No matter who wins in June, the candidate will face a popular incumbent in Sen. Tim Kaine, Hillary Clinton’s former VP running mate, who’s roots and political history run deep in Virginia.
Recent polls show Kane currently has at least a 20 points advantage over his prospective Republican challengers, and his job approval rating is over 50 percent across the Commonwealth.
“‘Virginia for all’ is going to be the campaign,” Kaine said. “It shouldn’t matter what region you live in, where you come from, who your family is, or what your income level is … I’m going to run a campaign that celebrates that, but we’ve got so much more to do.”
Steve Farnsworth, a political science professor and political analyst at the University of Mary Washington, said Republicans have quite the advisory in Kaine. He pointed to polling for the senator, the 2017’s “blue wave” or freshmen democrats nearly taking the state House and the impact Trump’s controversial policies and tweets continue to have on voters as reasons for any GOP candidate to be worried.
“Even in an ordinary election cycle, challenging Tim Kaine would be an uphill battle,” he said. noting the lack of well or better known candidates on the GOP ticket so far could also speak to how confident those on the right are when it comes to taking back Kaine’s seat.
“The unpopularity of Trump and the nature of a midterm election which tends to be pretty anti-President … even the most vulnerable incumbents would get top tier challengers and he is not getting top tier challengers,” he said.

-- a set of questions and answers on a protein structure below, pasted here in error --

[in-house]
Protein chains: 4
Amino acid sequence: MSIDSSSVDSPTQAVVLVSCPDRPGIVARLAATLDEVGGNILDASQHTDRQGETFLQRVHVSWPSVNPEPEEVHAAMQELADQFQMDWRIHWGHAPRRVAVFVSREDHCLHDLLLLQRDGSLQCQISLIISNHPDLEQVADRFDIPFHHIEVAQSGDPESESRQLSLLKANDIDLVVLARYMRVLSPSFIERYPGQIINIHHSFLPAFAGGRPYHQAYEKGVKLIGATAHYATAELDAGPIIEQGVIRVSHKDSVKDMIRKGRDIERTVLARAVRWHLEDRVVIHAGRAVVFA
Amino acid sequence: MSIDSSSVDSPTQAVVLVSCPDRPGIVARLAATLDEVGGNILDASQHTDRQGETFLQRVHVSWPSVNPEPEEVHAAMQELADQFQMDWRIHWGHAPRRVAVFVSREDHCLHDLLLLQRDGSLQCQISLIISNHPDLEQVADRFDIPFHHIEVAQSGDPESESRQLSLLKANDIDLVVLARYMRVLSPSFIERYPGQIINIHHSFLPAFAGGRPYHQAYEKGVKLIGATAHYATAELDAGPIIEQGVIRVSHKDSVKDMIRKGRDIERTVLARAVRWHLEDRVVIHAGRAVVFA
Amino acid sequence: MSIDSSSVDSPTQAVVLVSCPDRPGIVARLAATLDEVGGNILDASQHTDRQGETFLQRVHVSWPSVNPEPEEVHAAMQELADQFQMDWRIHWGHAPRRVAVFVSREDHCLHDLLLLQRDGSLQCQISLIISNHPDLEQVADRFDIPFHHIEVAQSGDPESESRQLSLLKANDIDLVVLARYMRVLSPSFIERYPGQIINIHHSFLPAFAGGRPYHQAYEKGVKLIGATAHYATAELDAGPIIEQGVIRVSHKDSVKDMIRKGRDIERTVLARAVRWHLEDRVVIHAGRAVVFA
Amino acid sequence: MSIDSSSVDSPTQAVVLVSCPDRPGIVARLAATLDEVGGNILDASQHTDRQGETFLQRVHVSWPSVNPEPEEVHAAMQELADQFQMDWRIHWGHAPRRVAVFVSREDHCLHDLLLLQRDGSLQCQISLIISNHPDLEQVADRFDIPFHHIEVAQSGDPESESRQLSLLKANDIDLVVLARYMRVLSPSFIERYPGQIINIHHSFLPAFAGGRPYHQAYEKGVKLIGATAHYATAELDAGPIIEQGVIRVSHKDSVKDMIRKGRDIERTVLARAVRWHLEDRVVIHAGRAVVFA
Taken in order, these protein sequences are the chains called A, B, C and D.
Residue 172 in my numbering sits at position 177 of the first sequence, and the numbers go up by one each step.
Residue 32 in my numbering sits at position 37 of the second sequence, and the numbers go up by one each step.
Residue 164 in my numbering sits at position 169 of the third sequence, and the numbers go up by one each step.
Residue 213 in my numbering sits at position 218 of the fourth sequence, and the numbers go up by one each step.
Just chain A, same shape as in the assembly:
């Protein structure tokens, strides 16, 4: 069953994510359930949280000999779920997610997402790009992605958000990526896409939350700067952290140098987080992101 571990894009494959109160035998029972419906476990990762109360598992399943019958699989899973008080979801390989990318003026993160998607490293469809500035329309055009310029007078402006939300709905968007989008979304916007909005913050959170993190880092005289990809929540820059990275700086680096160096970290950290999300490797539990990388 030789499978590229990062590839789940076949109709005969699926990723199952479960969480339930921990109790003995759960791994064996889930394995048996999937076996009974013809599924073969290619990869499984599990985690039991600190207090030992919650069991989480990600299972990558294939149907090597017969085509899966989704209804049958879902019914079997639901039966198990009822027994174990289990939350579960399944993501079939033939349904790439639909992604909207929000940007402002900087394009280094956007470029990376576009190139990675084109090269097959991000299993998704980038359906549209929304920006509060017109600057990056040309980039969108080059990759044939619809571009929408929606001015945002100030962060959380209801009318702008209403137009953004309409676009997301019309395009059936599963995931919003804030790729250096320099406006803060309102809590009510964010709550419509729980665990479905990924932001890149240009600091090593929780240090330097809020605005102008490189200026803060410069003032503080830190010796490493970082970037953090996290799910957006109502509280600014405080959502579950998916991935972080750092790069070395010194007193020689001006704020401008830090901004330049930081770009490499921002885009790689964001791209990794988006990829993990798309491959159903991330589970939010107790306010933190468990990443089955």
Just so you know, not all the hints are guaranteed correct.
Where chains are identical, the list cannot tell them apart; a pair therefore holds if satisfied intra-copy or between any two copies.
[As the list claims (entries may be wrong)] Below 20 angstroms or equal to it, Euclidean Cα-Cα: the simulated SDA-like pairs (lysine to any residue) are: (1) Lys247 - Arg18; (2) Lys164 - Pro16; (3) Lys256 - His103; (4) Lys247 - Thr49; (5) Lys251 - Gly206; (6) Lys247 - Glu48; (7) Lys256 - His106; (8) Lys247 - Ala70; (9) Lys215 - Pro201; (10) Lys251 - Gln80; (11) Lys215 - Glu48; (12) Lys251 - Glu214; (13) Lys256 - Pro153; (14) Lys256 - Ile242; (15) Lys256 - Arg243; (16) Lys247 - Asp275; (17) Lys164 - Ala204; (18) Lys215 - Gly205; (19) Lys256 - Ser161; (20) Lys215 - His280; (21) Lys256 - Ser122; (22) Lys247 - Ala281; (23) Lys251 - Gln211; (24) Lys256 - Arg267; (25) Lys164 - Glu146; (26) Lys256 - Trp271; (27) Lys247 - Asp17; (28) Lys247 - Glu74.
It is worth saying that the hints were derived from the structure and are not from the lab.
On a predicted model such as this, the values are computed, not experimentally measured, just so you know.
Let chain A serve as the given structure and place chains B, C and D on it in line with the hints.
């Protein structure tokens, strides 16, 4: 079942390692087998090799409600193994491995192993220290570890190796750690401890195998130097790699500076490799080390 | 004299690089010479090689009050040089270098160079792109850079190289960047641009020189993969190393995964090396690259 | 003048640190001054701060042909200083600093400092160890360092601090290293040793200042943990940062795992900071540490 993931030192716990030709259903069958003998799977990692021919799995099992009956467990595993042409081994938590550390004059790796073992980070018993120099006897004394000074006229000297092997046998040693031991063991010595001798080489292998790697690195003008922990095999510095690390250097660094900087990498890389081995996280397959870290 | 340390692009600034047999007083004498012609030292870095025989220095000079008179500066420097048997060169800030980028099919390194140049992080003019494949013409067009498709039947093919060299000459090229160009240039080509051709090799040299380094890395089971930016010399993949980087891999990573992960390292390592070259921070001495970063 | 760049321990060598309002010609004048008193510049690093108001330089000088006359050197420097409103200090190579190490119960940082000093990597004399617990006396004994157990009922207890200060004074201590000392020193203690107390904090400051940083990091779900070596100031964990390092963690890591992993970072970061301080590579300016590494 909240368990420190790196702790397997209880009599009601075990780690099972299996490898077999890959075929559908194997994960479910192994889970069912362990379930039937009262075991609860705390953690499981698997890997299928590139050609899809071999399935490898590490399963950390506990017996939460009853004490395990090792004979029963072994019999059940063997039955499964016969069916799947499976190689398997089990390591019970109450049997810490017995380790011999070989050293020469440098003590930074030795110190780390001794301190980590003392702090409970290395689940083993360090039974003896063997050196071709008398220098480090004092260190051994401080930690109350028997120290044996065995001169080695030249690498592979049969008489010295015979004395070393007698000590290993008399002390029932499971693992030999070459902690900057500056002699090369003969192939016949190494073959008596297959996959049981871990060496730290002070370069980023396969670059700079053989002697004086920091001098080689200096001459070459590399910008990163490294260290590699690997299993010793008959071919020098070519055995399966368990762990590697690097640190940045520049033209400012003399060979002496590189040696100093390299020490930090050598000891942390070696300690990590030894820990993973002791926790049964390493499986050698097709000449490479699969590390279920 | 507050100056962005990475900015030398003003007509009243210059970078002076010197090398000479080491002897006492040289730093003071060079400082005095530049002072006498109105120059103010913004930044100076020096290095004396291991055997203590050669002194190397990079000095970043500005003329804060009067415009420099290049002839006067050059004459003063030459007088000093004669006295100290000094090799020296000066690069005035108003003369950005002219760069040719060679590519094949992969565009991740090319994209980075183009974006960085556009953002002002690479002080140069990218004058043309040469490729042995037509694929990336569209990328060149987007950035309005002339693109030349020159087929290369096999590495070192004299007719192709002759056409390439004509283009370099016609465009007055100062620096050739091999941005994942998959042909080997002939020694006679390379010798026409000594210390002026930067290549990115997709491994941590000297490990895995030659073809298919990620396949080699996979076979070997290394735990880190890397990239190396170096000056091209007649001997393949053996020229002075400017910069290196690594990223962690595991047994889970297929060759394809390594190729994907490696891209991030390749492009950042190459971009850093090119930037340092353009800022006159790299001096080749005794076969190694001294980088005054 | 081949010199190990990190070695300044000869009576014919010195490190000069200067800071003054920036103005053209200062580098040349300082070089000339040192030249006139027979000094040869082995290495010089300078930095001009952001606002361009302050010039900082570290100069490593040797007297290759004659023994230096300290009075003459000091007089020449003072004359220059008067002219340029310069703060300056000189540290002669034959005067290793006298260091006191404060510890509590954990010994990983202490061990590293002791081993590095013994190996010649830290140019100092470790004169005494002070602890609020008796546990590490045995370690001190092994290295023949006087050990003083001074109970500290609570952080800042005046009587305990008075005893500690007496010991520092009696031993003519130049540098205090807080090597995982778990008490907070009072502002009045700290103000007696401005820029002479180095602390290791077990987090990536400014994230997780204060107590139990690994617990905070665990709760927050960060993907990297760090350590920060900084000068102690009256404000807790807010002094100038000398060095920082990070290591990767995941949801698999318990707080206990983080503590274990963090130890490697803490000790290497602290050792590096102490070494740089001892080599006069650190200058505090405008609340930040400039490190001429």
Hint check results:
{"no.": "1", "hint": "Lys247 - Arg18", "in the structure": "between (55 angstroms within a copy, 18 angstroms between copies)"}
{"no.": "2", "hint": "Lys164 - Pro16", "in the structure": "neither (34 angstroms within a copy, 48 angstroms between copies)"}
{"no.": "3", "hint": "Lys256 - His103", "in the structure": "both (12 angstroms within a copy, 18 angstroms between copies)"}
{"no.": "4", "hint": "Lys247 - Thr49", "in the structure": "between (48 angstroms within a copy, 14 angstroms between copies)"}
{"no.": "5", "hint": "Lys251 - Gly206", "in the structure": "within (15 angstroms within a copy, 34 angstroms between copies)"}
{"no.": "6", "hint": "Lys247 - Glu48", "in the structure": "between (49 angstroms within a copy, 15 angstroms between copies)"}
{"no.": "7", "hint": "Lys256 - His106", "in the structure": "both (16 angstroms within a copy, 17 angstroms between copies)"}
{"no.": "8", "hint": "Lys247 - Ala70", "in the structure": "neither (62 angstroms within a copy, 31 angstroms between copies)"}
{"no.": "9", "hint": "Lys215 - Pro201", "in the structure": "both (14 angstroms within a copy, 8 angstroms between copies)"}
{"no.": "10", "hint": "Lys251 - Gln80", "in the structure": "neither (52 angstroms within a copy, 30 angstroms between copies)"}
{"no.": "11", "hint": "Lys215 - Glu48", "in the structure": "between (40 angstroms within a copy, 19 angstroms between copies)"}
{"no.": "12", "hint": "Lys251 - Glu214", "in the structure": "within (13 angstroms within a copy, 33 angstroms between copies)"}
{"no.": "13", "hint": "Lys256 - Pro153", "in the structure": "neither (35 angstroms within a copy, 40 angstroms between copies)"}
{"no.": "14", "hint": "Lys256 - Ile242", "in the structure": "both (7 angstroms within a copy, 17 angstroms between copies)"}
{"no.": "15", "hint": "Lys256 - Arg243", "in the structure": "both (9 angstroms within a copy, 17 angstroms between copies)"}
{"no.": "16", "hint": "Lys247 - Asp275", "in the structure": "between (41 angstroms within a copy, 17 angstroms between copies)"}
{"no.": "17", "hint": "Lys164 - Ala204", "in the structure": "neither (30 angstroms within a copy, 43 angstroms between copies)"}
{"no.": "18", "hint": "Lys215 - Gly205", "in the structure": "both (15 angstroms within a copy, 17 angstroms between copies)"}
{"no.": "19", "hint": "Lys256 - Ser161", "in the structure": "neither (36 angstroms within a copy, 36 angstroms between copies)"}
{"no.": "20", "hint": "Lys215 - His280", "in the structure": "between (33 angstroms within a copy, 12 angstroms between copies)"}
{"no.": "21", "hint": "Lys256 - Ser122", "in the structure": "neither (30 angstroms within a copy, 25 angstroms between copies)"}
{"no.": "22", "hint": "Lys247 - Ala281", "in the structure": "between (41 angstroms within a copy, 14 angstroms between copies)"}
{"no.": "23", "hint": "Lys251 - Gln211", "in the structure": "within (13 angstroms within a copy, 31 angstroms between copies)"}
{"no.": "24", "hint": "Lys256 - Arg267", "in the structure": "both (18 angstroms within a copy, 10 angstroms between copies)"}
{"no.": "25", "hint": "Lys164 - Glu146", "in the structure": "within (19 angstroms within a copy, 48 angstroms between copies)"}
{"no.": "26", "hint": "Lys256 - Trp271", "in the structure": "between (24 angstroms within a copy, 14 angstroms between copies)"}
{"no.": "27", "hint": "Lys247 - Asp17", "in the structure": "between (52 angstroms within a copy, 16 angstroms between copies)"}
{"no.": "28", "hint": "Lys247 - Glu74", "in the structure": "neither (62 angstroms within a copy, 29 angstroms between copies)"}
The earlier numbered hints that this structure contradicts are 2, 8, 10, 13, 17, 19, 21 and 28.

But John Whitbeck, chairman of the Virginia Republican Party, thinks the polls, the surge of democrat wins in 2017, and the supposed anti-Trump sentiment is all hogwash. He pointed to polls ahead of the 2016 race that had Hillary Clinton thrashing Trump and occupying the White House.
“All polling in Virginia is utter garbage, it’s wrong and you shouldn’t listen to it,” he said, adding. “When I spoke to Trump at the White House Christmas party he told me how committed he was to winning Virginia in 2020 and 2018.”
“[Trump] has a special place in his heart in Virginia,” he said. “It’s always on his radar and I think he’s always committed to help us in any way he can.”
But he wasn’t blind to the energy that’s inspired Democrats to get to the polls here in Virginia and nationwide.
“There is a massive amount of motivation on the other side,” he said. “And we’re going to have to counter that with enough messaging, successes and hard work to turn out voters on our side.